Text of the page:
1. Masked police on top of their vehicle on the Champs-Elysees

  2. An armed soldier secures a side road near the Champs-Elysees

  3. Forensics officers search a car on the Champs-Elysees

  4. Police officers block the access to the Champs-Elysees

  5. Police vehicles seen on the Champs-Elysees, near the Arc de Triomphe

  6. People raising their arms as they walk towards police on a side road near the Champs-Elysees

  7. Armed police officers block the access of a street near the Champs-Elysees

  8. An armed police officer on the Champs-Elysees

  9. Police officers searched people in the area after the attack on the Champs-Elysees

  10. Firefighters and rescuers stand by the site of the shooting on the Champs-Elysees

  11. French police vehicles drive in convoy through Paris streets after the shootout

  12. Police vehicles seen near the Eiffel Tower

  13. Police at the scene

  14. Champs-Elysees is locked down in Paris after the attack on police officers

  15. Police secure a side street

  16. Emergency services respond to the shooting

/

A witness, who identified himself as Chelloug, described hearing six shots4 during the attack. He said: “I thought they were firecrackers . In fact, he (the gunman) was hidden behind the van and shooting at the police. “I think he hit a policeman . As soon as the policeman opened the door of the van, he fell.” He said he and tourists fled to a shop. “We saw the policeman shoot the gunman who could have killed more of us.”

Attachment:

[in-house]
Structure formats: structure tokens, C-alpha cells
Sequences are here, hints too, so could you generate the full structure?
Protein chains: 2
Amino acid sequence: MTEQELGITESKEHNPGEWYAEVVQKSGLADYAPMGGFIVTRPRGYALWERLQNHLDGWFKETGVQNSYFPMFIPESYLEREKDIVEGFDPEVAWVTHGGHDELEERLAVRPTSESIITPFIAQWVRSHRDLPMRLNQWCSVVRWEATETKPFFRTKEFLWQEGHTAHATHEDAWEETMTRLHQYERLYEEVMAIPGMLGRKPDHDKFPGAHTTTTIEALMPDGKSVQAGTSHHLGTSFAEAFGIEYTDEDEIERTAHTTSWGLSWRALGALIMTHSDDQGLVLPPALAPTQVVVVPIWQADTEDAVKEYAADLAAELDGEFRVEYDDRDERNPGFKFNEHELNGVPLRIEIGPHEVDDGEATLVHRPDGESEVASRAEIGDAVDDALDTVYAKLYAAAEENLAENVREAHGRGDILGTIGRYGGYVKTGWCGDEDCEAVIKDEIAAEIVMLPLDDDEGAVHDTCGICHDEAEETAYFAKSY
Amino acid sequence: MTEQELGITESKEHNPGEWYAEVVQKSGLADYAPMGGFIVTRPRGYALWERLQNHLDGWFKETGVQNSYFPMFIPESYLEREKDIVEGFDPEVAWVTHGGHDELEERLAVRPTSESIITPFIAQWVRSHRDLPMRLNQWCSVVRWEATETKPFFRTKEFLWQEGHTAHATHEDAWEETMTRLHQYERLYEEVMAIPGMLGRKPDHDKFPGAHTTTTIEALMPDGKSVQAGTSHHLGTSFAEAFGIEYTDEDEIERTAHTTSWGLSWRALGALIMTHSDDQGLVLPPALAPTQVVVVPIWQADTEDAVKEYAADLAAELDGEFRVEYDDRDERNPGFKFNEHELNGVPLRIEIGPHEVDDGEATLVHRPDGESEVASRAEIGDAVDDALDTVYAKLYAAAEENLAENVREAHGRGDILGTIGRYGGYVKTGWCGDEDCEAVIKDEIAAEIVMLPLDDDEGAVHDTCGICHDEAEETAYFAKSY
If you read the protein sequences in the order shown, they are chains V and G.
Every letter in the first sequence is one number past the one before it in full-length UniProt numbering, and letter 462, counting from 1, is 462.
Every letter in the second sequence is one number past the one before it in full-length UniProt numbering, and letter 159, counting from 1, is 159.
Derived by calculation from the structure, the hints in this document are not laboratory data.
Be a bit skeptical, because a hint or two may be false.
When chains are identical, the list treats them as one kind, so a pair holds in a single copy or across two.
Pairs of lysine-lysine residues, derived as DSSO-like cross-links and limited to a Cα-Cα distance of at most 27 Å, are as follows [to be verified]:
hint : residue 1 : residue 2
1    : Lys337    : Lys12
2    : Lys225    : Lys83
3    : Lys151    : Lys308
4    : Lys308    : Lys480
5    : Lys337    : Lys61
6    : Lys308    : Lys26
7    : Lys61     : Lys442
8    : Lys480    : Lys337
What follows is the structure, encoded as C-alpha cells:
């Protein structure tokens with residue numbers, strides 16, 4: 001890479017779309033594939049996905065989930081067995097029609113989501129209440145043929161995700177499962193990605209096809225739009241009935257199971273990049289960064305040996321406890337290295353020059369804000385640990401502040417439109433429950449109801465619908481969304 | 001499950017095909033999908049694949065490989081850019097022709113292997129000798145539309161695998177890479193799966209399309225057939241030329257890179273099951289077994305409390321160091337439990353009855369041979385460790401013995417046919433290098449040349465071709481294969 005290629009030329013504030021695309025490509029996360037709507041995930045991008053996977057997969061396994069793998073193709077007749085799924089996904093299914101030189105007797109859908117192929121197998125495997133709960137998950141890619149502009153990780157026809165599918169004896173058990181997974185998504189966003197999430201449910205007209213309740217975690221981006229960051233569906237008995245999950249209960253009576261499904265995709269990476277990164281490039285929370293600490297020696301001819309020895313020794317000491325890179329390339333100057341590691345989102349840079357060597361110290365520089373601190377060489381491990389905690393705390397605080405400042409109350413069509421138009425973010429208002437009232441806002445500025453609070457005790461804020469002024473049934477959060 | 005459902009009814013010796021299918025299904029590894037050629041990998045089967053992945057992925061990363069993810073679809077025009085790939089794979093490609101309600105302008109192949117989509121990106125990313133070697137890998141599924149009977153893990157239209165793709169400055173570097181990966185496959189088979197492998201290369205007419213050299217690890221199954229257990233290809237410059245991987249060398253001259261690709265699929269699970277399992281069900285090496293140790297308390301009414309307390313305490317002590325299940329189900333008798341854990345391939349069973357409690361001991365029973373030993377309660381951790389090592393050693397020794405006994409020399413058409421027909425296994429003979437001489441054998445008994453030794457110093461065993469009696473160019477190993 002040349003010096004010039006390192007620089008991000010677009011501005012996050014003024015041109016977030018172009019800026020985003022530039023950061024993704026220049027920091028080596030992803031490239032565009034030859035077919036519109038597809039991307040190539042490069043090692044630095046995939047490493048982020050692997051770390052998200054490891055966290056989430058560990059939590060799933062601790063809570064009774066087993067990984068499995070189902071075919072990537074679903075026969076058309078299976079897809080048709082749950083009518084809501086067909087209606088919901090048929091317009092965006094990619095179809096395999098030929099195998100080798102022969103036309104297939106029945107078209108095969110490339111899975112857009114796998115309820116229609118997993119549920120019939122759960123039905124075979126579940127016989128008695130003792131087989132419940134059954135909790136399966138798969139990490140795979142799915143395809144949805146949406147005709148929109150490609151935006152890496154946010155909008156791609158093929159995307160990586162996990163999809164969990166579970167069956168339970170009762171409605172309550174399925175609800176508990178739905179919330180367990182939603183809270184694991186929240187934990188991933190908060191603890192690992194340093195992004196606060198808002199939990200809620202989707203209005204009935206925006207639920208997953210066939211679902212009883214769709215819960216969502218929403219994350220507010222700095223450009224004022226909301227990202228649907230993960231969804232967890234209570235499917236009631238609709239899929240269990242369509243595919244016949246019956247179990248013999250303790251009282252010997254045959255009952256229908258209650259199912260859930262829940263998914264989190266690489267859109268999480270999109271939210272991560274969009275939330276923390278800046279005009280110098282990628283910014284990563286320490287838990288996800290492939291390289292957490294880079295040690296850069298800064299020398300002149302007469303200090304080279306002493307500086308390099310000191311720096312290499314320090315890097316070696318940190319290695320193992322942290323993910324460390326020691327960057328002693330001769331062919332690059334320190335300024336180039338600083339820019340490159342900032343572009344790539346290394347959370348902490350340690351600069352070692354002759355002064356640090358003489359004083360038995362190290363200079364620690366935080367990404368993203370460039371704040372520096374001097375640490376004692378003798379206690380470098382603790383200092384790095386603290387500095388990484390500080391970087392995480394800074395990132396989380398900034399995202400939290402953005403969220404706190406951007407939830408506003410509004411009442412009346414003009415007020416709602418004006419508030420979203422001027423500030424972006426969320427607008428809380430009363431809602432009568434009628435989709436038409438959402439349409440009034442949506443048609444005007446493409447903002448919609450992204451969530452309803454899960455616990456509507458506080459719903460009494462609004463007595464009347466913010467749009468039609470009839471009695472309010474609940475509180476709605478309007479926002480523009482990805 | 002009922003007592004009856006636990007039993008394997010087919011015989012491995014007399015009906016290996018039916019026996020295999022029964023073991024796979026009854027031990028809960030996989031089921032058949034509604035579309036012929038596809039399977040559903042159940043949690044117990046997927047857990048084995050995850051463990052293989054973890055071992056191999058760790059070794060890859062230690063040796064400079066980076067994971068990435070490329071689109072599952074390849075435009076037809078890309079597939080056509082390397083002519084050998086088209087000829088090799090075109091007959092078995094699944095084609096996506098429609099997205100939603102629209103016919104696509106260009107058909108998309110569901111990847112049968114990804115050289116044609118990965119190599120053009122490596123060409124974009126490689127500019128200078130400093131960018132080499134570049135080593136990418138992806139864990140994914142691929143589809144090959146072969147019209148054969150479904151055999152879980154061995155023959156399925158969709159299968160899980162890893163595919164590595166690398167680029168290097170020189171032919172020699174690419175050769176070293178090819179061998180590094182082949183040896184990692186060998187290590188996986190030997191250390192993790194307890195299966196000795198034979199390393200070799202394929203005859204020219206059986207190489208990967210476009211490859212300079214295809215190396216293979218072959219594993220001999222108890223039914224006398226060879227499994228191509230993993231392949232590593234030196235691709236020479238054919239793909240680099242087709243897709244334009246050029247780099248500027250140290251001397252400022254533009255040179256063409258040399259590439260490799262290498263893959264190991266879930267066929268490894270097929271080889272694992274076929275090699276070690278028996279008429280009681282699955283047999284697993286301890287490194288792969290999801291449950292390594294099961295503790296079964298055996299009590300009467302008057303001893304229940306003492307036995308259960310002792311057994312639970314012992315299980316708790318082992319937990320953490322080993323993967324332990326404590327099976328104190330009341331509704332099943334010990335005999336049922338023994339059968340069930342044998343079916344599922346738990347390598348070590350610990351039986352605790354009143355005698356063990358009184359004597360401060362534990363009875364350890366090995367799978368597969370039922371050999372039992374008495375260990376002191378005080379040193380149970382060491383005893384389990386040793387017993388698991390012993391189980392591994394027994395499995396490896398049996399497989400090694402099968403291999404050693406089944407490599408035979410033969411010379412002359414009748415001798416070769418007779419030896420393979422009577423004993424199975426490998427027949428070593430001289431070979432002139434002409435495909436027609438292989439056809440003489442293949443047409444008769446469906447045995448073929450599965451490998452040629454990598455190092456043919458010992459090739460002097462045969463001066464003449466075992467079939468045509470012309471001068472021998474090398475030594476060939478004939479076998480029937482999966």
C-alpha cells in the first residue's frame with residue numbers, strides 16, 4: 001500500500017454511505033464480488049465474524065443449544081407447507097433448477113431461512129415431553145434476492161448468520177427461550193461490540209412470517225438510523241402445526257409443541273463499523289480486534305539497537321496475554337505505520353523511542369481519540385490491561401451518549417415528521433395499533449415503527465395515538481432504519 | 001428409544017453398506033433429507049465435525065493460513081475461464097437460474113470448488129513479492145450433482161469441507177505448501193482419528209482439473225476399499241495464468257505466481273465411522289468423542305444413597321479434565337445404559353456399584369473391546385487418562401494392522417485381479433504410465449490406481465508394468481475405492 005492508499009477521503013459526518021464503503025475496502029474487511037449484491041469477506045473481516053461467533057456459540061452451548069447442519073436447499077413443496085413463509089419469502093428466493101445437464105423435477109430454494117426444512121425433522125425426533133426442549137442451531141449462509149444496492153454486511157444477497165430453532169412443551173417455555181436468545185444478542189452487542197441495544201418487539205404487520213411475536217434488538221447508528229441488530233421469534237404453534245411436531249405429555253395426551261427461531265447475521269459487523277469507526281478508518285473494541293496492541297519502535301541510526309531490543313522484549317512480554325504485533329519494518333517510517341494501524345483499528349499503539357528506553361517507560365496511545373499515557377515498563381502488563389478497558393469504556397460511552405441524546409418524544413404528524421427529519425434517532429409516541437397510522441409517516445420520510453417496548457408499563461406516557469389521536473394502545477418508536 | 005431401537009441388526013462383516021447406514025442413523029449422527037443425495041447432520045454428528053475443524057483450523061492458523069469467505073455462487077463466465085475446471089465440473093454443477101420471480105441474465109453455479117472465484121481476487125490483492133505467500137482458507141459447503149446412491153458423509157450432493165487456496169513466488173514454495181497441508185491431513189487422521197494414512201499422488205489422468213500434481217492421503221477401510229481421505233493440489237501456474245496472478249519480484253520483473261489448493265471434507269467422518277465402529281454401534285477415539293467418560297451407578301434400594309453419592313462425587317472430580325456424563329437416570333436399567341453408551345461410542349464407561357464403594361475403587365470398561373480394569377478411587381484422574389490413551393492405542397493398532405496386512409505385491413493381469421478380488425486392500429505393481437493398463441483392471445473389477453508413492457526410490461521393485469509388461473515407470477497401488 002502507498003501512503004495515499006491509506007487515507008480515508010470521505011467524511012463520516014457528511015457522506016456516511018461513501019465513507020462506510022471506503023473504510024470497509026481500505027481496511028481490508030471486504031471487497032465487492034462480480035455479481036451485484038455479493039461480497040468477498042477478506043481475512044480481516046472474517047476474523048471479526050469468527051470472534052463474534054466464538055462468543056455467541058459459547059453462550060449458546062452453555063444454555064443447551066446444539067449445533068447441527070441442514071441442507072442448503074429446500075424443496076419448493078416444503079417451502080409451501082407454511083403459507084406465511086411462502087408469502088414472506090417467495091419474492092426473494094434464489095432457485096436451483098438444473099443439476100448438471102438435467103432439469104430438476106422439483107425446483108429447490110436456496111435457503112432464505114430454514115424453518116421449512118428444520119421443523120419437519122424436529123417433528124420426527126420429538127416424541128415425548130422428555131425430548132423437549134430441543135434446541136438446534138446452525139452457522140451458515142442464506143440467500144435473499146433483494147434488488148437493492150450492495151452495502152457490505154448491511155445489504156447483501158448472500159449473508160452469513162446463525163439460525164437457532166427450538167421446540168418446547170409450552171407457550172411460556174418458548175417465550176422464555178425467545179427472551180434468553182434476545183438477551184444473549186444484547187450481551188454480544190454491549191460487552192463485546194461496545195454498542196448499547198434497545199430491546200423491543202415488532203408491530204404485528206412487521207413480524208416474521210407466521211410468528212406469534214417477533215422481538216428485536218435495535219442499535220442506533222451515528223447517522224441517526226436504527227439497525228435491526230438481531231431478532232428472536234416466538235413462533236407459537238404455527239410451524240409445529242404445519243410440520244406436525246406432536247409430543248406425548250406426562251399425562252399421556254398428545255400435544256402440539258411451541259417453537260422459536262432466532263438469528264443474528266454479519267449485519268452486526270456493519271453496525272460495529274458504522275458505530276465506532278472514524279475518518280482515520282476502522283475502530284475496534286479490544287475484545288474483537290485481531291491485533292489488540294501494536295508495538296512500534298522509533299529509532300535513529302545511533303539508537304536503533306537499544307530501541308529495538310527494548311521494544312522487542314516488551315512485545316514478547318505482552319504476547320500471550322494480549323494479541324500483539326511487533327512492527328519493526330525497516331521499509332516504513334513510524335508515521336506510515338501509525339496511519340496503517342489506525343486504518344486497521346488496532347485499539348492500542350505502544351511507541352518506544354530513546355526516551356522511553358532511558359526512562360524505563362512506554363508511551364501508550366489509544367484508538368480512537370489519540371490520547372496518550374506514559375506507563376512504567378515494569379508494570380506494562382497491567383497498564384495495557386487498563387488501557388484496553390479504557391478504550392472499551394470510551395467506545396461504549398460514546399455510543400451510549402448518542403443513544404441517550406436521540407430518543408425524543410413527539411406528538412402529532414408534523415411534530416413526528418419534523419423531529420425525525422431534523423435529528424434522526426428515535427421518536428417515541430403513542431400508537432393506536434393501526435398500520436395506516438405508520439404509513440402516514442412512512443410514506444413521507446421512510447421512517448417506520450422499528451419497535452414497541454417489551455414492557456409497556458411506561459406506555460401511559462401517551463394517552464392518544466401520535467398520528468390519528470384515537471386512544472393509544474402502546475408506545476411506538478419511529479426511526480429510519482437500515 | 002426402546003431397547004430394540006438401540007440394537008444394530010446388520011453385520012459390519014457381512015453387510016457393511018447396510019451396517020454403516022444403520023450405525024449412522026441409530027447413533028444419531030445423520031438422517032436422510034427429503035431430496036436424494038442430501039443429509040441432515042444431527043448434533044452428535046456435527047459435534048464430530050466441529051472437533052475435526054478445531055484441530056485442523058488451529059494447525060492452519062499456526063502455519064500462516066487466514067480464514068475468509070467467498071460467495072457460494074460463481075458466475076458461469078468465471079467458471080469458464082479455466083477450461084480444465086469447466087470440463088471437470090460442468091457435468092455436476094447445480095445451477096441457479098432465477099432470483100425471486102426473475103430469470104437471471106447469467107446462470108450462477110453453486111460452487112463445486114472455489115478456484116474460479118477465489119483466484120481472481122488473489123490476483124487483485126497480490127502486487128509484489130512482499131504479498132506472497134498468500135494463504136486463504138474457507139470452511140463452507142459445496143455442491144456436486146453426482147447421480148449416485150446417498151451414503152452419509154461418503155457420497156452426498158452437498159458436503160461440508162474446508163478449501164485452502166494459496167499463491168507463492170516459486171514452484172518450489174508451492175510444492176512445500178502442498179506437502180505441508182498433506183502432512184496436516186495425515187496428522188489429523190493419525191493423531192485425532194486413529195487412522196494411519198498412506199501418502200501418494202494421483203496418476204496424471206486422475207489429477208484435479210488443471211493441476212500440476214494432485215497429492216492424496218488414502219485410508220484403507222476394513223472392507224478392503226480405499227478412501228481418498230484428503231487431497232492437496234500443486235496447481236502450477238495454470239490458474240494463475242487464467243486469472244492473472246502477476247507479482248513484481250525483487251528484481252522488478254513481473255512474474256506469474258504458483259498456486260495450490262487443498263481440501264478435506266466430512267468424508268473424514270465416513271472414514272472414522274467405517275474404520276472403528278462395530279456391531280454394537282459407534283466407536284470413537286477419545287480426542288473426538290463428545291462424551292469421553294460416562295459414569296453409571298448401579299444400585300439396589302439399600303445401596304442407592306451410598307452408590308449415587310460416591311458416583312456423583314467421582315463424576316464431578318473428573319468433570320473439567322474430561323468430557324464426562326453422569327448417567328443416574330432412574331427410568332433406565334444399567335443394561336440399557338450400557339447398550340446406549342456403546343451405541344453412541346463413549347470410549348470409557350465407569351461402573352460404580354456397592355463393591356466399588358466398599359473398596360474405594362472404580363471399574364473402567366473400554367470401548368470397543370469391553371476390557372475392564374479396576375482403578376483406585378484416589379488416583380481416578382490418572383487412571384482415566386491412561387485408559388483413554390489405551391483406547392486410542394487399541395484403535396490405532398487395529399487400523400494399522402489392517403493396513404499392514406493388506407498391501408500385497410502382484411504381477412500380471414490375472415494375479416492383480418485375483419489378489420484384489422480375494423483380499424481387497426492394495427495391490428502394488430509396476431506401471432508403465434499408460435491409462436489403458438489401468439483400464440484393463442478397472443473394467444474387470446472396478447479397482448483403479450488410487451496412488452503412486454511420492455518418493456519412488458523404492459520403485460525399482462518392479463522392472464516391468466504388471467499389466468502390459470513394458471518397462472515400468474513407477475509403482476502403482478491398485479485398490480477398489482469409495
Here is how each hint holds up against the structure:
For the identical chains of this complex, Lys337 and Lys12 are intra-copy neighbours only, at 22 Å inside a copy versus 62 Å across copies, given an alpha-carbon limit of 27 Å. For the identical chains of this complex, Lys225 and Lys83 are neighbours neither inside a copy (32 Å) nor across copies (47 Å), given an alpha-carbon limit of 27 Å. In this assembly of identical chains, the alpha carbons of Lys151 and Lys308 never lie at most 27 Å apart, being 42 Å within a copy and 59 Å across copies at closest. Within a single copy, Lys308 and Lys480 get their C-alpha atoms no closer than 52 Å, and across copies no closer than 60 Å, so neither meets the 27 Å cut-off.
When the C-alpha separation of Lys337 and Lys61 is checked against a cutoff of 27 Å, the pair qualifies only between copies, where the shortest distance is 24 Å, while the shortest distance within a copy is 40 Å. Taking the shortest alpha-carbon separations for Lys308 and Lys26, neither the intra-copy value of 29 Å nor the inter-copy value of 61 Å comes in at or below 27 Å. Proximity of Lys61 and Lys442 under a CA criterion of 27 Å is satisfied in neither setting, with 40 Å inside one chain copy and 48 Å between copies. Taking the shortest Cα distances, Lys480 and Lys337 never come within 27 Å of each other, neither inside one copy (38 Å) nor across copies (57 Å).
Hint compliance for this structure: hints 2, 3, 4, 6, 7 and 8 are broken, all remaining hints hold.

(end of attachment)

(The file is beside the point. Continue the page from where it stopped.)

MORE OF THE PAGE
Image: The car believed to have been used in the attack

Police were seen pointing their weapons at members of public as they evacuated the area. Matthias Fekl, the French interior minister, paid tribute to the dead policeman and praised his colleagues who he said had “prevented a bloodbath”.

US President Donald Trump also tweeted his response to the attack, posting: “Another terrorist attack in Paris .

The people of France will not take much more of this .

Will have a big effect on presidential election!”

References

  1. ^ believed to be Karim Cheurfi, 39. (news.sky.com)
  2. ^ the election (news.sky.com)
  3. ^ :: Charlie Hebdo to Champs-Elysees – timeline of France terror attacks (news.sky.com)
  4. ^ six shots (news.sky.com)